While walking slowly, she sees her husband and the viscount, his companion, crossing the gangplank and entering the ship.
The group of people looking after them are standing, here and there, on the pier. Almost all of them are those who came to bid adieu to her husband and the viscount. Perhaps there are no other passengers on this ship about to sail who are so important and are looked at by so many people.
Some of them are going to the foot of the stool on which the gangplank is laid, and stop there to wait for their companions. Some of them are standing at the place, a bit before the stool, where the blocks and ropes are laid down.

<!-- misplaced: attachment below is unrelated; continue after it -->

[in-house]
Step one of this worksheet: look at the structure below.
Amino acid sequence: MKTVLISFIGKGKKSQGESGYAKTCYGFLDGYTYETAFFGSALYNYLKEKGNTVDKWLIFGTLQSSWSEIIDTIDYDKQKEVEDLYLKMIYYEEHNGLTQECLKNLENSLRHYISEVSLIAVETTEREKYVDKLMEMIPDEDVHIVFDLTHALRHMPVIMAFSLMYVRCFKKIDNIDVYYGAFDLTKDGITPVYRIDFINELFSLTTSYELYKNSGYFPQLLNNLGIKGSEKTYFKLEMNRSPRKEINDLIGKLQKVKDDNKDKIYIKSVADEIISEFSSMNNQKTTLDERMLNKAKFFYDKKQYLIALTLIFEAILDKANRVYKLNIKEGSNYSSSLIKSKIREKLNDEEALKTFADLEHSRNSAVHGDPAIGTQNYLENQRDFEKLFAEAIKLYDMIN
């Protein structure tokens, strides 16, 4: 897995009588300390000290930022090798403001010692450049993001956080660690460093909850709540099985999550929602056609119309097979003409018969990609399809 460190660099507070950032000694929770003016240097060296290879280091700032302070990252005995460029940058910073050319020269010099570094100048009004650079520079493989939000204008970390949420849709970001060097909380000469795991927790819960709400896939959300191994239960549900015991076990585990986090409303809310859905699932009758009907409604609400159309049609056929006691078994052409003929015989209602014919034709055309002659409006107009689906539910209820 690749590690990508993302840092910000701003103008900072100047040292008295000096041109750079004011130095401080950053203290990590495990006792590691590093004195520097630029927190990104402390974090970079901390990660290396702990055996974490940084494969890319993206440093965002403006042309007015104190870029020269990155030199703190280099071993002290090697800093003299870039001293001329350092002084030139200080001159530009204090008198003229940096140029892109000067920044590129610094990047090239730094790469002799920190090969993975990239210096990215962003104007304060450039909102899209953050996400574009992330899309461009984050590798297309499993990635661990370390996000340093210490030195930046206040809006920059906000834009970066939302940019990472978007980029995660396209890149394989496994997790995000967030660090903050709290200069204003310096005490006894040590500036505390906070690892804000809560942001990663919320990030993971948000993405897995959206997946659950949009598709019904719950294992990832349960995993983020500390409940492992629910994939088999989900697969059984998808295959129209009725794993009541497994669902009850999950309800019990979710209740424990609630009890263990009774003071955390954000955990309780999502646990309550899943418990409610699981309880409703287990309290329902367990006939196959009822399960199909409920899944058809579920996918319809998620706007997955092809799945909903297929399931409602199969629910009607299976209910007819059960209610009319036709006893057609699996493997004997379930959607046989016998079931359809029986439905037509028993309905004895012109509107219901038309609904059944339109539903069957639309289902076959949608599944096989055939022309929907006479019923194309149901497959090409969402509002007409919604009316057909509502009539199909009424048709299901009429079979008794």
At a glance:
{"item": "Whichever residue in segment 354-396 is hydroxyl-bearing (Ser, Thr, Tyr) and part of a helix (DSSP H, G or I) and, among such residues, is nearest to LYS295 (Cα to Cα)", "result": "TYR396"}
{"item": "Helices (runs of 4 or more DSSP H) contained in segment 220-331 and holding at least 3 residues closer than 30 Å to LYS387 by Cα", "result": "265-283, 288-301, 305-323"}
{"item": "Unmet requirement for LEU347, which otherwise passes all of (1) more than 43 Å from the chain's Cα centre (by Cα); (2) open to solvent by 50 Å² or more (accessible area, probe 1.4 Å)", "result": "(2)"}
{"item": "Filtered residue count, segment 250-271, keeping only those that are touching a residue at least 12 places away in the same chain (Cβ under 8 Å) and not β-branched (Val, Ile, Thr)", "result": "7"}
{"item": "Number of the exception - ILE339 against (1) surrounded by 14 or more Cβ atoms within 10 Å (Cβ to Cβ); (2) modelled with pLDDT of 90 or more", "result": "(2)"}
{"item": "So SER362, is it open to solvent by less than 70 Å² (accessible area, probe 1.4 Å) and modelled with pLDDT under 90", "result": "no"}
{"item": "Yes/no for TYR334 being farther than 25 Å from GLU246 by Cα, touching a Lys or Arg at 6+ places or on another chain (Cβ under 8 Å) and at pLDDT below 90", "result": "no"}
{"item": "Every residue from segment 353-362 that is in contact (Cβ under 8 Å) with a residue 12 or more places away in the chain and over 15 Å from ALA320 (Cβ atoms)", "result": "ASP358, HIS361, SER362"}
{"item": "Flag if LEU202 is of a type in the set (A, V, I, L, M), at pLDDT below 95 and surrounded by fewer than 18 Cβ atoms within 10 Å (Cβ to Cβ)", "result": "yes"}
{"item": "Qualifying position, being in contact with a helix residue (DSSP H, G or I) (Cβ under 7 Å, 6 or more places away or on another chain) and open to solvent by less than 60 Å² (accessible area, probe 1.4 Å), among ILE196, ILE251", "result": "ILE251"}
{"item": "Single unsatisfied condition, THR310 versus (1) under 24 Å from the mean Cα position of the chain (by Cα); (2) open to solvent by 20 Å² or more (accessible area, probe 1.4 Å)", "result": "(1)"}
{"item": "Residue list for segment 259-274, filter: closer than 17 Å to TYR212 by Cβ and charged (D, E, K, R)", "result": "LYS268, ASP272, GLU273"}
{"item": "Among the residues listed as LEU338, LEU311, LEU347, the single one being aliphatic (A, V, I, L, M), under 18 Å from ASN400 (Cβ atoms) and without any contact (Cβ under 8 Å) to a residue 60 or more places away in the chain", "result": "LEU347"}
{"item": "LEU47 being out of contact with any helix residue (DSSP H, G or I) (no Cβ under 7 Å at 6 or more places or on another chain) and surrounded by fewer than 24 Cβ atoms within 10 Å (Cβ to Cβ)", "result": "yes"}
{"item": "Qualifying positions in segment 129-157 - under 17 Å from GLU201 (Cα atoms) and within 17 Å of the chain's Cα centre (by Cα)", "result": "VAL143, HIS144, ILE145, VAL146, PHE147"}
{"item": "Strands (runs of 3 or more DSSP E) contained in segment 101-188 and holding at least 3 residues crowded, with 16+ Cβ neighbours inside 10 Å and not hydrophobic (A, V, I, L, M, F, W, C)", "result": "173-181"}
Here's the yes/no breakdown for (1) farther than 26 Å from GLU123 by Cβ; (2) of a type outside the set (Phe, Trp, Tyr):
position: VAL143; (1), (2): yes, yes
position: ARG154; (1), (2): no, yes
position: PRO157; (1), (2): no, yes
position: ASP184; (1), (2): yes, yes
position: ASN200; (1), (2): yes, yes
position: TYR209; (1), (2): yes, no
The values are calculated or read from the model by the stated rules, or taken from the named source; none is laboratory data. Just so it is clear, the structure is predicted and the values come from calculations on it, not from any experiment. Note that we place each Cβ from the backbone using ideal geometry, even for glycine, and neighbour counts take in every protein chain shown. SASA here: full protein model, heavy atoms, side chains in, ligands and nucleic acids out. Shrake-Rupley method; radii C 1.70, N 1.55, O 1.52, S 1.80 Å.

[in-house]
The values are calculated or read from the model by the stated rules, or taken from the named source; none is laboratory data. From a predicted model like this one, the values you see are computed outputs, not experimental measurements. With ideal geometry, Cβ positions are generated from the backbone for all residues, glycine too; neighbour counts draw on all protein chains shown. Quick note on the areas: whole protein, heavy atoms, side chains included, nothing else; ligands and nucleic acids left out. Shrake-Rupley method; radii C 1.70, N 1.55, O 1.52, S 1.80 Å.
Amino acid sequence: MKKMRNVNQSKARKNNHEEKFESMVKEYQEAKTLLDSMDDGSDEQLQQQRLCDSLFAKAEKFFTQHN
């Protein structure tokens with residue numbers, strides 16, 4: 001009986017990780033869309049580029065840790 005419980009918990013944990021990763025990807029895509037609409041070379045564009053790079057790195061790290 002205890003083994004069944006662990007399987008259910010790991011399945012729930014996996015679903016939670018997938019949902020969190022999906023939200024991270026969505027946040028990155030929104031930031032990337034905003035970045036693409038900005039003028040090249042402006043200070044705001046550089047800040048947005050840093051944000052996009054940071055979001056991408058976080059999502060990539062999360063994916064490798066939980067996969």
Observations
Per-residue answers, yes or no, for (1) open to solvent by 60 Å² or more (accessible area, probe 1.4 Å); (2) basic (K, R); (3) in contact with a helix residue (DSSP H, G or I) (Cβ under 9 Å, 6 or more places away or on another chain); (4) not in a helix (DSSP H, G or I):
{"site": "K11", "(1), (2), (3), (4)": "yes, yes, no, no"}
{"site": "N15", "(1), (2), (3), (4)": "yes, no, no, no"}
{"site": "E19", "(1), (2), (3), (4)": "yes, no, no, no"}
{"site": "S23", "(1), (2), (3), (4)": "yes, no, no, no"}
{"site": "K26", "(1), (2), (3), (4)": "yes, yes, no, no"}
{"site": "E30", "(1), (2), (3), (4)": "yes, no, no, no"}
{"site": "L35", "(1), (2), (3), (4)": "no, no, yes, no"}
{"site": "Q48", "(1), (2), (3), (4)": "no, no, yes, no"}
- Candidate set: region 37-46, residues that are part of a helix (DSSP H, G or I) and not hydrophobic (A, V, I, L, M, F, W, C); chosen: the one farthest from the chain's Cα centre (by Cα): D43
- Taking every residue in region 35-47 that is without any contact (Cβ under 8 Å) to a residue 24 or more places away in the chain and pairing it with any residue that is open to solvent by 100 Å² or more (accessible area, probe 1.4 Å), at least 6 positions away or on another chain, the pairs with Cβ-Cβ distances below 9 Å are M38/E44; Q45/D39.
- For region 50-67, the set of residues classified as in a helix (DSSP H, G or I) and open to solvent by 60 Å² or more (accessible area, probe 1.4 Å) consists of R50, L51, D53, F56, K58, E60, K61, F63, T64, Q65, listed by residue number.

Among these people there must be some who are intimately known to her husband, and some who know him but slightly. But, standing under this clear sky, they all seem dejected; or is it only her fancy?
Following slowly after them, unconsciously she looks off to her right where there were many round windows on the si